Rolene, having lived in exile for many years and now having made Aliyah, I would unabashedly ask your fellow brothers and sisters who choose to remain in exile: How can you live there?

Someone who is assimilated and estranged from his roots, I can understand that he doesn’t feel the emptiness and strangeness of living in an unholy foreign land.

But for a Jew who cares about being a Jew in his own land as part of a unified nation, I cannot understand how he can live in a foreign land. If he was born there, and doesn’t know anything else, then that is what he is used to – he thinks that is all there is.

But for a Jew who knows that Israel is the (only) Land for the Jewish people, I don’t know how he can tolerate living anywhere else. Why would anyone want to live in a gentile land amongst the gentiles when he or she can live in the Jewish Land?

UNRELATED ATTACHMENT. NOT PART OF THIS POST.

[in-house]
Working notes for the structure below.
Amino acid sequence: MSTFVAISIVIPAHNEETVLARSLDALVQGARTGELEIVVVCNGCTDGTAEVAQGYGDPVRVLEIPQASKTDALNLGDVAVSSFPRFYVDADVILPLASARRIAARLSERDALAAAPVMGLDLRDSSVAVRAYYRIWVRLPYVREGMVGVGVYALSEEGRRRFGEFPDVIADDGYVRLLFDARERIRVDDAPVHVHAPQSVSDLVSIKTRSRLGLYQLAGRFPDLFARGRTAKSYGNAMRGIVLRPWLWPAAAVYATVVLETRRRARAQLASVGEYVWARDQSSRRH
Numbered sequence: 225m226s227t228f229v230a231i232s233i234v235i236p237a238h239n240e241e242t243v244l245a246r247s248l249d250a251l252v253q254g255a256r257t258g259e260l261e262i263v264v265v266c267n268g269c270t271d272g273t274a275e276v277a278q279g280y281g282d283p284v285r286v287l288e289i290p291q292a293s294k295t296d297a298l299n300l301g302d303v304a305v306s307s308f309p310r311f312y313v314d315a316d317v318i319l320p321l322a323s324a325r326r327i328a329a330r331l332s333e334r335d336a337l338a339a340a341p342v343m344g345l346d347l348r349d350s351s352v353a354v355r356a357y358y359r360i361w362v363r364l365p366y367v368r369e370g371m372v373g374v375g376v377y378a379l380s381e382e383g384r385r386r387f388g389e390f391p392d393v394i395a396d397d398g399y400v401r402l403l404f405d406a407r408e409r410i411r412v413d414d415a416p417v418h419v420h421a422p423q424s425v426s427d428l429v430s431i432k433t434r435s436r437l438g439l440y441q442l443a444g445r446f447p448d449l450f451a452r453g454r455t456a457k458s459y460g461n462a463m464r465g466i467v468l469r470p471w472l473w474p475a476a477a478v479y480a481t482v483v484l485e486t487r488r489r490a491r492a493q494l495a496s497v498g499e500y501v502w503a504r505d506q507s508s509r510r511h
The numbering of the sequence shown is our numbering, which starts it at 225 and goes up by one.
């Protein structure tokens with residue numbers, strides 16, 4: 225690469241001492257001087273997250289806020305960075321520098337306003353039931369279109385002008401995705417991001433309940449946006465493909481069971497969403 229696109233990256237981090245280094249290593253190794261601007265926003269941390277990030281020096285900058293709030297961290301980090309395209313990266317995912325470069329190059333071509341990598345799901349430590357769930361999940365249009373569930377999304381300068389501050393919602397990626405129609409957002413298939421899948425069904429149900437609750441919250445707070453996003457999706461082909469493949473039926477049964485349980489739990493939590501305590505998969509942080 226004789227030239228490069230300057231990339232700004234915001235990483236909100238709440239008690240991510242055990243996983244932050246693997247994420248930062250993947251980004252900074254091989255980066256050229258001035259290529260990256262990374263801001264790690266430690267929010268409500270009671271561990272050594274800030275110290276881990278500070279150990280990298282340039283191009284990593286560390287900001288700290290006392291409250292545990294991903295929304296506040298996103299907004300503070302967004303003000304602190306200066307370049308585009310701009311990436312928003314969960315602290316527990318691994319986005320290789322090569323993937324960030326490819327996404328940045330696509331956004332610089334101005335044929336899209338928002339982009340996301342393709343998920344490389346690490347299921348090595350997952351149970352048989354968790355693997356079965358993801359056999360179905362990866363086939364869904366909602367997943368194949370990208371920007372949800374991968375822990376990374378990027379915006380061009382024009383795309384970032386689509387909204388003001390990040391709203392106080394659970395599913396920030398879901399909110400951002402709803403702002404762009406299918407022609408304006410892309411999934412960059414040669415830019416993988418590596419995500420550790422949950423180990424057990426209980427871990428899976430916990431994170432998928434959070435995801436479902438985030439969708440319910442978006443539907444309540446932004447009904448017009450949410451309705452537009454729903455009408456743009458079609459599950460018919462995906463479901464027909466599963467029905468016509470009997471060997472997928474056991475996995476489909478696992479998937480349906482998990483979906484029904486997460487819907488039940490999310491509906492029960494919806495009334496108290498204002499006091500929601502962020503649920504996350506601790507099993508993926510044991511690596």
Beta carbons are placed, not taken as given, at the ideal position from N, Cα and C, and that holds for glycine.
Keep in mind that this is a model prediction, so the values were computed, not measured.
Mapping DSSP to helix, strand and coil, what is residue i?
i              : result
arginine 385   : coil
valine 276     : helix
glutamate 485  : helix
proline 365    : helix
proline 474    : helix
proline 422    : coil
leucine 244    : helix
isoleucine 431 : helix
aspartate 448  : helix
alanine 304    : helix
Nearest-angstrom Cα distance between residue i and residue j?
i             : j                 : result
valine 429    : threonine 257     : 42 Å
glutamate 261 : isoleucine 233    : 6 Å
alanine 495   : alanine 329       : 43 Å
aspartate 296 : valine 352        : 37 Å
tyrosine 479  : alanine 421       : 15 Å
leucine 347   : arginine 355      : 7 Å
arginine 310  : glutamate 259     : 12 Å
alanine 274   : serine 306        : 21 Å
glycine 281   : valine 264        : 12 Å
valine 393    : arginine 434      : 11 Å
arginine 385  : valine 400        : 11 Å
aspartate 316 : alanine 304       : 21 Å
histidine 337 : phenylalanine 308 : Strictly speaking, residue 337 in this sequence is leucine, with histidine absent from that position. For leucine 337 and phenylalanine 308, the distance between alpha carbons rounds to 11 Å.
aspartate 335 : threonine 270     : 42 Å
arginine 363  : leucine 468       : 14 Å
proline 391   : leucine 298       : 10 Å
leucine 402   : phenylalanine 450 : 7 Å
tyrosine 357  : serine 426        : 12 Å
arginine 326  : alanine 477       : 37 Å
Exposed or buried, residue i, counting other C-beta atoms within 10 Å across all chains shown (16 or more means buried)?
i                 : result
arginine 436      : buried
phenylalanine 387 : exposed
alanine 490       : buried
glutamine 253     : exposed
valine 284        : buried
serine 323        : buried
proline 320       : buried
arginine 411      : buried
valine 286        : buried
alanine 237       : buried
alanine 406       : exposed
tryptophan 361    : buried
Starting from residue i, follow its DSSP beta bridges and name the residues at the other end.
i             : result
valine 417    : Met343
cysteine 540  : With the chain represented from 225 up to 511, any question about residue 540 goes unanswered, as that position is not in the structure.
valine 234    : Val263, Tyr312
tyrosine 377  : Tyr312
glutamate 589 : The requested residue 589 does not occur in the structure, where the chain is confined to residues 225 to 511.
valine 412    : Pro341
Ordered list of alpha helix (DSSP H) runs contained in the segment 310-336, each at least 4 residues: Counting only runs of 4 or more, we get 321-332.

Even for people who complain that much of Israeli society is secular, it is still the Holy Land. The holiness pervades everything, making it a million times holier and more Jewish than anywhere else in the world.

HOW CAN AN ORTHODOX JEW LIVE IN A FOREIGN LAND OF HIS OWN WILL AND CHOICE? I don’t understand.

The truth is that not enough Jews feel things so deeply. Even in the days of the exodus, four-fifths of the Jews didn’t want to leave Egypt and died in the plague of darkness. And in the wilderness, the spies cooled the hearts of the people, and dissuaded them from journeying to the Land, a national disaster that haunts us until today.

So Rolene, may I humbly suggest that you assemble your many friends who have made Aliyah and promote Eretz Yisrael in the way that matters most to Hashem. COME HOME EXILE JEWS!!!!

Choni Davidowitz. babchon@telkomsa.net